“It’s an awful day for Lincoln.”
Mayor Leirion Gaylor Baird spoke as she walked down Lincoln Mall on Sunday morning, surveying the damage done to buildings along the street that runs between the County-City Building and the state Capitol by vandals as a protest turned violent overnight.
As volunteers swept up shattered glass, tried to scrub away graffiti spray-painted onto concrete and damage-mitigation companies boarded up windows, the mayor heard from dozens of people.
Some just walked past her. “This is disgusting.” “This is so sad." Others who had been at the protest gave their reports on what happened Saturday night into the early hours Sunday.
Outside the hard-hit Landmark Centre, Gaylor Baird got a damage report from NU Regent Tim Clare, who has an office in the building, while the cleanup went on inside.
A second night of riots in Lincoln prompted city officials Sunday to issue a state of emergency, including an 8 p.m. to 6 a.m. curfew that could be extended past Monday morning.
Police Chief Jeff Bliemeister, however, said he anticipates that the city won't see the riots that ensued following otherwise peaceful protests Saturday morning and later that night. In both cases, windows were busted out and businesses looted.
Landmark Centre is a block east of the County-City Building, where the peaceful protest of the killing of George Floyd by a Minneapolis police officer turned into a destructive riot shortly after 1 a.m. Sunday.
Business owner Mark Whitehead witnessed that change from his U-Stop convenience store, directly across 10th Street from the building that houses the Lincoln Police Department and Lancaster County Sheriff's Office, courts and city and county offices.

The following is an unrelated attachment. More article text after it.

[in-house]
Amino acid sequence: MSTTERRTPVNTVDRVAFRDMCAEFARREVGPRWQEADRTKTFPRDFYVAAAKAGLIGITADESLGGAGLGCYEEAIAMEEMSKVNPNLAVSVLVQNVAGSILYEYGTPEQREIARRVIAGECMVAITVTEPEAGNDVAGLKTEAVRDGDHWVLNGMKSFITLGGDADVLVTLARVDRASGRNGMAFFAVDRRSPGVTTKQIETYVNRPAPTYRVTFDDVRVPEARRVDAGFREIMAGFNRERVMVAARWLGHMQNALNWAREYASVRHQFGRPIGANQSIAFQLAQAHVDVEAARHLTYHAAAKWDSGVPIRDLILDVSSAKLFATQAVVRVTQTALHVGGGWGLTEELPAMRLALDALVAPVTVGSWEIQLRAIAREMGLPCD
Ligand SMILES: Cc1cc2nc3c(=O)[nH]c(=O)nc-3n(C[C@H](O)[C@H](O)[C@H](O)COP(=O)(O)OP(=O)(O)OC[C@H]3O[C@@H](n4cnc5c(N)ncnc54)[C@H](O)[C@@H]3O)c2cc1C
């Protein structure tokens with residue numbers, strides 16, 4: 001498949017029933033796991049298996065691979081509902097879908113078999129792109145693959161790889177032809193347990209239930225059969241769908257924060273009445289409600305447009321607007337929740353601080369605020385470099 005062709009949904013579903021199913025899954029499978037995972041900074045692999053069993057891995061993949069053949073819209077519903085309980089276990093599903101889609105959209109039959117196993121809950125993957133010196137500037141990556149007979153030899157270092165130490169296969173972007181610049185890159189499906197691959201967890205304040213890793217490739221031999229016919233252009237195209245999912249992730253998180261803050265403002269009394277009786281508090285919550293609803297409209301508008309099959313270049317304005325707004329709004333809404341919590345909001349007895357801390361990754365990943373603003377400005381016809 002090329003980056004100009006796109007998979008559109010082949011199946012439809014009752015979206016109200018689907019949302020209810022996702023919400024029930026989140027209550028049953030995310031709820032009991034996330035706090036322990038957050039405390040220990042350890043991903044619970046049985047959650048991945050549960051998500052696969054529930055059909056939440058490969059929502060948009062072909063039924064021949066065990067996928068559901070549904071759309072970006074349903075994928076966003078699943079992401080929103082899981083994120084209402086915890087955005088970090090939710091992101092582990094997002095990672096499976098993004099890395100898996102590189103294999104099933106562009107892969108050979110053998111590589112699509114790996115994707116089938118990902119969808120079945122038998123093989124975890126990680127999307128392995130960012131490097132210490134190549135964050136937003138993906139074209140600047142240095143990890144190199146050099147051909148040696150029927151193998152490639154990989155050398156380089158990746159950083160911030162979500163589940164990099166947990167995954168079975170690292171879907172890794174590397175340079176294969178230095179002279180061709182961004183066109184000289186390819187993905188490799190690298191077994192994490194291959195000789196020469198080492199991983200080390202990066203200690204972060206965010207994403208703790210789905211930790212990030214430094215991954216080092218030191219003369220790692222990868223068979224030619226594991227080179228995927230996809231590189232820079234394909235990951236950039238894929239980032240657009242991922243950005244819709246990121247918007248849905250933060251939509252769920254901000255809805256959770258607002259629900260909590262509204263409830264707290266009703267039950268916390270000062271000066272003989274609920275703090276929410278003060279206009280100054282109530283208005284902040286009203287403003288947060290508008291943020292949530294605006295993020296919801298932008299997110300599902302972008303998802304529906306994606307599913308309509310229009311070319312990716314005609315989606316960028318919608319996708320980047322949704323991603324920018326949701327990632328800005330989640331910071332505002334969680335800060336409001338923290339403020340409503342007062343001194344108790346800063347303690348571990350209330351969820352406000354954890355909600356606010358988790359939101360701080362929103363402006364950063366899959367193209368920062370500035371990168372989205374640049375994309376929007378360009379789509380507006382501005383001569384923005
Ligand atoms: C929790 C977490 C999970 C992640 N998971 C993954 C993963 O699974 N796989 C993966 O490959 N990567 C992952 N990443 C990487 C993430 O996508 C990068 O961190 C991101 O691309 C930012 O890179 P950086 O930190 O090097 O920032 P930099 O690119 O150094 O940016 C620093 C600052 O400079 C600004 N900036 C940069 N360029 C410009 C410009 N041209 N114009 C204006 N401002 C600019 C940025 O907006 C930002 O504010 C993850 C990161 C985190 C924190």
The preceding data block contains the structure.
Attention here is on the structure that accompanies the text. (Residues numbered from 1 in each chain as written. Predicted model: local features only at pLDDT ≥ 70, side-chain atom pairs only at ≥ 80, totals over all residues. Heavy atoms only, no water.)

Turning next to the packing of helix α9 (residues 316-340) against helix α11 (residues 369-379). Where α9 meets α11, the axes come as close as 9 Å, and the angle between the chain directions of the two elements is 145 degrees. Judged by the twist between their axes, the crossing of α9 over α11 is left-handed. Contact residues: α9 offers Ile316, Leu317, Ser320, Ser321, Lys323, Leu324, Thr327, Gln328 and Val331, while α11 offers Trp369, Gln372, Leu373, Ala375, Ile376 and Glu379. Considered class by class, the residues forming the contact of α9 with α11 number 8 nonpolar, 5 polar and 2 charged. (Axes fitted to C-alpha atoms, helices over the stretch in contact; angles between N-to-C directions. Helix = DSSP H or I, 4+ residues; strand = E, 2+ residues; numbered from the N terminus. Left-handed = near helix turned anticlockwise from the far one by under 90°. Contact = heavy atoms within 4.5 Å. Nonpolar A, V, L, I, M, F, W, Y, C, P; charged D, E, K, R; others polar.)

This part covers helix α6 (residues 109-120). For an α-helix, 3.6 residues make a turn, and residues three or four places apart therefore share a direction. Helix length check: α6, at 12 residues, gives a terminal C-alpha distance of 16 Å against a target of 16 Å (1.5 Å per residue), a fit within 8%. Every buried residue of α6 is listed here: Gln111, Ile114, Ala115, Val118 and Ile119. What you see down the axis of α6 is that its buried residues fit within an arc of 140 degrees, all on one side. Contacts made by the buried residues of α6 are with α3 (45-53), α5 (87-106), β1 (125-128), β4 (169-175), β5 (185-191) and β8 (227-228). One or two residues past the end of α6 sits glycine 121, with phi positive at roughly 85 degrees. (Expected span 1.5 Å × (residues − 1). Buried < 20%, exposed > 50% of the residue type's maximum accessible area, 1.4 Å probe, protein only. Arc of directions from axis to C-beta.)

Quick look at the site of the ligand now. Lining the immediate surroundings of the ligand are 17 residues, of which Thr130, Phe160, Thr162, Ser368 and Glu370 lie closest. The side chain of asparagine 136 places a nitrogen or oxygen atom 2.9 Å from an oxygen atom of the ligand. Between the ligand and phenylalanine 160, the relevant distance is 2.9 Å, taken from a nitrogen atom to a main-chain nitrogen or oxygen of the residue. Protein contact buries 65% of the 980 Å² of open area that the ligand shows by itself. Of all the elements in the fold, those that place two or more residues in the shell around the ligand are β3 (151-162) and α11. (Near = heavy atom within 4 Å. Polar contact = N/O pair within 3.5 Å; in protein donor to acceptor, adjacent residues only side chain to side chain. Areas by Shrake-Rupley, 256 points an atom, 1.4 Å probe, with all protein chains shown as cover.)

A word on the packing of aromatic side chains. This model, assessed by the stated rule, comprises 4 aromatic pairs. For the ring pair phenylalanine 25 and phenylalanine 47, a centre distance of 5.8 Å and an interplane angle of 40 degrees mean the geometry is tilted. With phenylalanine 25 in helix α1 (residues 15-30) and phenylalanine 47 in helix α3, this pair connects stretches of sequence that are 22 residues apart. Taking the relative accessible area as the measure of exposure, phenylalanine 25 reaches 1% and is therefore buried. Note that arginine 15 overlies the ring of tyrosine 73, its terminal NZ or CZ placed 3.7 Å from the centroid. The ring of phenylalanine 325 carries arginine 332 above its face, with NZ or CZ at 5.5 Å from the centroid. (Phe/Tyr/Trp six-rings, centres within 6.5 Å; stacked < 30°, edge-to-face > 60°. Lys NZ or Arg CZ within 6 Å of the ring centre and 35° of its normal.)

Saturday night's violence followed less than 24 hours after incidents on Saturday morning centered in the area of 27th and O streets.
U-Stop was not damaged during the uprising, thanks, Whitehead said, to protesters.
“In a way it was a little bit inspiring,” Whitehead said. “I would estimate that out of the 200 to 300 people who were there, 5% or less were antagonists. And 10% to 15% of the people were there to physically do the right thing.
“As a 64-year-old man standing in front of his business I’m not going to stop anything. But when somebody would pick up a trash can to throw it through the window, there were 15 or 20 people there to stop them, to calm things down, do the right thing. They stopped them. Without that, things could have escalated.”
The first violent gathering in Lincoln happened early Saturday at EZ Go, a convenience store at 26th and O streets, where police reported eight injuries and nine incidents of vandalism.
Despite pleas from city leaders urging calm, the situation ignited again late Saturday after protesters walked from the Capitol, across downtown, to 48th and R streets and finally back to the County-City Building. Beginning at 11:30 p.m. Saturday, law enforcement officers fired tear gas and rubber bullets at the crowd.
Hours after crowds dispersed, however, Lincoln firefighters were called to a fire at Universal-Inland Insurance, housed in a multi-story building at 601 S. 12th St.